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CHAPTER XXII. (CONT'D)
"So it must," replied the cousin; "for there is no doubt but Adam had a head and hair; and being the first man in the world he would have scratched himself sometimes."
"So I think," said Sancho; "but now tell me, who was the first tumbler in the world?"
"Really, brother," answered the cousin, "I could not at this moment say positively without having investigated it; I will look it up when I go back to where I have my books, and will satisfy you the next time we meet, for this will not be the last time."
"Look here, senor," said Sancho, "don't give yourself any trouble about it, for I have just this minute hit upon what I asked you. The first tumbler in the world, you must know, was Lucifer, when they cast or pitched him out of heaven; for he came tumbling into the bottomless pit."
"You are right, friend," said the cousin; and said Don Quixote, "Sancho, that question and answer are not thine own; thou hast heard them from some one else."
"Hold your peace, senor," said Sancho; "faith, if I take to asking questions and answering, I'll go on from this till to-morrow morning. Nay! to ask foolish things and answer nonsense I needn't go looking for help from my neighbours."
"Thou hast said more than thou art aware of, Sancho," said Don Quixote; "for there are some who weary themselves out in learning and proving things that, after they are known and proved, are not worth a farthing to the understanding or memory."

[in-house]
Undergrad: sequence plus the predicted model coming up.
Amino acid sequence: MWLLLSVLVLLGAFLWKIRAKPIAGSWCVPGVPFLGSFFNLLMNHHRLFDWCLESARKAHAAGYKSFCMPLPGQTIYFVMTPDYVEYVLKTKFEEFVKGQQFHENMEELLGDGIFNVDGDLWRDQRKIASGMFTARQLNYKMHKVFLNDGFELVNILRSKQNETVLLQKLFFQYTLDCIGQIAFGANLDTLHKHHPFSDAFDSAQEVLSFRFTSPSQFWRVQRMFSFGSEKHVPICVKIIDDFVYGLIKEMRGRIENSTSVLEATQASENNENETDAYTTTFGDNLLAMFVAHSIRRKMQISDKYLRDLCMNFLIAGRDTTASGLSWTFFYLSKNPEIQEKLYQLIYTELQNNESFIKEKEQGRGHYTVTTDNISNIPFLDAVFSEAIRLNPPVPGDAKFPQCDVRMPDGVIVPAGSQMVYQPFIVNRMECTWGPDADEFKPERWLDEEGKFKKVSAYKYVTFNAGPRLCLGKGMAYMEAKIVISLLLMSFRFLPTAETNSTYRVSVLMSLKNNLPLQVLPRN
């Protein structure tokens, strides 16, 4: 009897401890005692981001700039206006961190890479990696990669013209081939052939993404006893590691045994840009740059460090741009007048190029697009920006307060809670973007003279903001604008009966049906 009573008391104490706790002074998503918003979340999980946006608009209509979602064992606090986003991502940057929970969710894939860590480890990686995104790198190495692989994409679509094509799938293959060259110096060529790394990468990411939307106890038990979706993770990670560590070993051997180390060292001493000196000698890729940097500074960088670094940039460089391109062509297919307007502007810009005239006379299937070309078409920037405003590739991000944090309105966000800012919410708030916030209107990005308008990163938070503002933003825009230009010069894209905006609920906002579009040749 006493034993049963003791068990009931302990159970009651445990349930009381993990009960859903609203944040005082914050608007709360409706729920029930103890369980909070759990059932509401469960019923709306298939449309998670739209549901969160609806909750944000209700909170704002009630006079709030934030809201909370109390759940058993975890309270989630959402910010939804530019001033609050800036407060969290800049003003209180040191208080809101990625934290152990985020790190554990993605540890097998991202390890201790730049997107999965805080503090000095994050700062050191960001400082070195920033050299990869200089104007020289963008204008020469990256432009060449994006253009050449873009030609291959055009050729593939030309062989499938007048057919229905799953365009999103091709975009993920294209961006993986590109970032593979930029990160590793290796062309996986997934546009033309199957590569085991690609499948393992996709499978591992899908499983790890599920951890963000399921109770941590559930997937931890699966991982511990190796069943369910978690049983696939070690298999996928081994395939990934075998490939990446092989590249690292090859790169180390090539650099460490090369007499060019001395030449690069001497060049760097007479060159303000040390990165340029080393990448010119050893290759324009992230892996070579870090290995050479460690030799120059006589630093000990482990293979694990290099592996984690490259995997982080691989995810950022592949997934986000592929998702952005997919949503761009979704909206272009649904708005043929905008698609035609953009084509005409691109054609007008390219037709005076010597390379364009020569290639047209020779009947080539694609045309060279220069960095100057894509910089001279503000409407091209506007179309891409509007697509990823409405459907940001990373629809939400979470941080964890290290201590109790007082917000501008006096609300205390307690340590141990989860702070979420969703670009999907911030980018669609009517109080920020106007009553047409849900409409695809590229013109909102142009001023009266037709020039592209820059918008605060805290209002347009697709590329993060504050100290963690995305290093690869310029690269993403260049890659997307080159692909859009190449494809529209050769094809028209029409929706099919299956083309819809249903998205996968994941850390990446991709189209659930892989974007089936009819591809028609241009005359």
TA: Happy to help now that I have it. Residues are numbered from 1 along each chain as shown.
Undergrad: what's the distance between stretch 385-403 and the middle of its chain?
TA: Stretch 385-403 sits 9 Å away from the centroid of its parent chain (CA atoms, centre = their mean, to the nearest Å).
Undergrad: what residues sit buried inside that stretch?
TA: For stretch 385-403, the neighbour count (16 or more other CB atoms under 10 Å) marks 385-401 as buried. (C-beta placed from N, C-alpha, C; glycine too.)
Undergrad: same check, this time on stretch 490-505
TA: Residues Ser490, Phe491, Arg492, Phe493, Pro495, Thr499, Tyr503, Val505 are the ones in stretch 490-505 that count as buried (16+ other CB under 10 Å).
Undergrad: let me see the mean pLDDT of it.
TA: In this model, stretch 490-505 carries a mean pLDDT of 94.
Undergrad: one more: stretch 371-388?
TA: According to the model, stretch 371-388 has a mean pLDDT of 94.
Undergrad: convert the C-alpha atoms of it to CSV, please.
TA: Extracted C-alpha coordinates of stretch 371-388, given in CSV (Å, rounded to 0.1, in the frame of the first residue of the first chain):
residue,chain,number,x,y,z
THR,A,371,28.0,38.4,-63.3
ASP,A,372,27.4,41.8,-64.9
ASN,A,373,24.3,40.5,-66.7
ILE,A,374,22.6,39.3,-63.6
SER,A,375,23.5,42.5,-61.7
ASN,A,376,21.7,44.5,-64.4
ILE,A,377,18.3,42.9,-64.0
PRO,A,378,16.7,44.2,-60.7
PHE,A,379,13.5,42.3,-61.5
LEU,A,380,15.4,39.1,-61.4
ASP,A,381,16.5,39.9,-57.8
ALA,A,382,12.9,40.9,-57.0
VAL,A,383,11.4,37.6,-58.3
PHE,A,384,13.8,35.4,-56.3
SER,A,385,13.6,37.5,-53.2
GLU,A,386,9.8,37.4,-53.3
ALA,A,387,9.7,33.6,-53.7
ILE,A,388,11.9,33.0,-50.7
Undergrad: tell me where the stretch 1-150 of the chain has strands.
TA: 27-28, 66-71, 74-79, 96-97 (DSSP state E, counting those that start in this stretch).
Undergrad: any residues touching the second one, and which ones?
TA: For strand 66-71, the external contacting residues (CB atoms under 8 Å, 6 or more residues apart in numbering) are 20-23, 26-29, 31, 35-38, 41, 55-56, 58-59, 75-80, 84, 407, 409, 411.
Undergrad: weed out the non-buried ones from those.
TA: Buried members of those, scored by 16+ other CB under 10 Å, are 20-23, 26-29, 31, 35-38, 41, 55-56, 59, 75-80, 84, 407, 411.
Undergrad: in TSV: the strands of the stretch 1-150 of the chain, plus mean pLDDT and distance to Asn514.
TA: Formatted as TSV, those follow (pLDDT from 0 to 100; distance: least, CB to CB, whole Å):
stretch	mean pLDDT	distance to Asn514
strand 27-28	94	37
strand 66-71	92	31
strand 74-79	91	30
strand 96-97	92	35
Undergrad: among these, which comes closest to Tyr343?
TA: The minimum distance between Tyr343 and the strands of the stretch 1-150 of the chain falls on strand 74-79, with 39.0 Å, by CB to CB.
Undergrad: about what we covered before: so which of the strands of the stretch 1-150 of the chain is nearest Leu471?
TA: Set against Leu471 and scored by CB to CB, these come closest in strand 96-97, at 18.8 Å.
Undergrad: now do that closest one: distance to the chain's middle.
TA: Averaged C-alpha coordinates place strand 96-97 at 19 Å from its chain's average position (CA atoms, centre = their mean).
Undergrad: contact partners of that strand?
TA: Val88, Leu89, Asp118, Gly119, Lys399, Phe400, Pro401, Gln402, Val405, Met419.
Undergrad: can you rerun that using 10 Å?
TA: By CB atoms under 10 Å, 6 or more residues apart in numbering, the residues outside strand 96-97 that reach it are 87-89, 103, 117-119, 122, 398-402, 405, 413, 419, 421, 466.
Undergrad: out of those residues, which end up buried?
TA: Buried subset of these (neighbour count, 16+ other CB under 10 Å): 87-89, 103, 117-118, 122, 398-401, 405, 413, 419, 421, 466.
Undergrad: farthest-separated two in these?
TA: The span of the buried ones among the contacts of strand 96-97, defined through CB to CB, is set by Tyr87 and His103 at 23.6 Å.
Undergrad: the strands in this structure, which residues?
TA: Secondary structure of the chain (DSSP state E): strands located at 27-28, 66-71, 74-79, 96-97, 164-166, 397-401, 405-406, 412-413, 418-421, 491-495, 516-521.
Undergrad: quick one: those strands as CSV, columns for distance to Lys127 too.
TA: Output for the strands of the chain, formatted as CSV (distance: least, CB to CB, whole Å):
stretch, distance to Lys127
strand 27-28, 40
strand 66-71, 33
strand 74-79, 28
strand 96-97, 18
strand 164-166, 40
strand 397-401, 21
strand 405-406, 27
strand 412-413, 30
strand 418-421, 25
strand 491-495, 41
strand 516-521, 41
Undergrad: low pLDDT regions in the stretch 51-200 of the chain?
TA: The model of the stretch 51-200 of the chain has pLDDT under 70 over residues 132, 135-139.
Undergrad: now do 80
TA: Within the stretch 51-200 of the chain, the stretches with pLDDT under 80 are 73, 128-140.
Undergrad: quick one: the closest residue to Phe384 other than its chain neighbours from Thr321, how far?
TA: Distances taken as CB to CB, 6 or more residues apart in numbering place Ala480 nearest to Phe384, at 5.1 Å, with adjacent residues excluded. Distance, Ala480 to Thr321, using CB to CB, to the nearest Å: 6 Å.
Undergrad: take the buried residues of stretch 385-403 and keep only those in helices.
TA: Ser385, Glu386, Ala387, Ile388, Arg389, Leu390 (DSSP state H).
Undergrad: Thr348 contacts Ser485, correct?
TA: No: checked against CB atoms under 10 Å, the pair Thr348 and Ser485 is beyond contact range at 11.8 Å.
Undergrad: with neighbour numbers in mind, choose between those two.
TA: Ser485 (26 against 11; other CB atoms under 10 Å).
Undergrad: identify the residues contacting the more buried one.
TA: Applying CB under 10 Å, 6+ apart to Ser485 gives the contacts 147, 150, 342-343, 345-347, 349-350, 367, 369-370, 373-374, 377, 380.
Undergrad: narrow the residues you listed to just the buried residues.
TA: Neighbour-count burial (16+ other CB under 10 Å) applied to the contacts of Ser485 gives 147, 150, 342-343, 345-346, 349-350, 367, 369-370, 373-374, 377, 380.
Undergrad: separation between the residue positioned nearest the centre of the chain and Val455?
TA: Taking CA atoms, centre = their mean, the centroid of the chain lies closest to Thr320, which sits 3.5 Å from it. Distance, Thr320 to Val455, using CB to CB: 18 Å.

In this and other pleasant conversation the day went by, and that night they put up at a small hamlet whence it was not more than two leagues to the cave of Montesinos, so the cousin told Don Quixote, adding, that if he was bent upon entering it, it would be requisite for him to provide himself with ropes, so that he might be tied and lowered into its depths. Don Quixote said that even if it reached to the bottomless pit he meant to see where it went to; so they bought about a hundred fathoms of rope, and next day at two in the afternoon they arrived at the cave, the mouth of which is spacious and wide, but full of thorn and wild-fig bushes and brambles and briars, so thick and matted that they completely close it up and cover it over.
On coming within sight of it the cousin, Sancho, and Don Quixote dismounted, and the first two immediately tied the latter very firmly with the ropes, and as they were girding and swathing him Sancho said to him, "Mind what you are about, master mine; don't go burying yourself alive, or putting yourself where you'll be like a bottle put to cool in a well; it's no affair or business of your worship's to become the explorer of this, which must be worse than a Moorish dungeon."
"Tie me and hold thy peace," said Don Quixote, "for an emprise like this, friend Sancho, was reserved for me;" and said the guide, "I beg of you, Senor Don Quixote, to observe carefully and examine with a hundred eyes everything that is within there; perhaps there may be some things for me to put into my book of 'Transformations.'"
"The drum is in hands that will know how to beat it well enough," said Sancho Panza.
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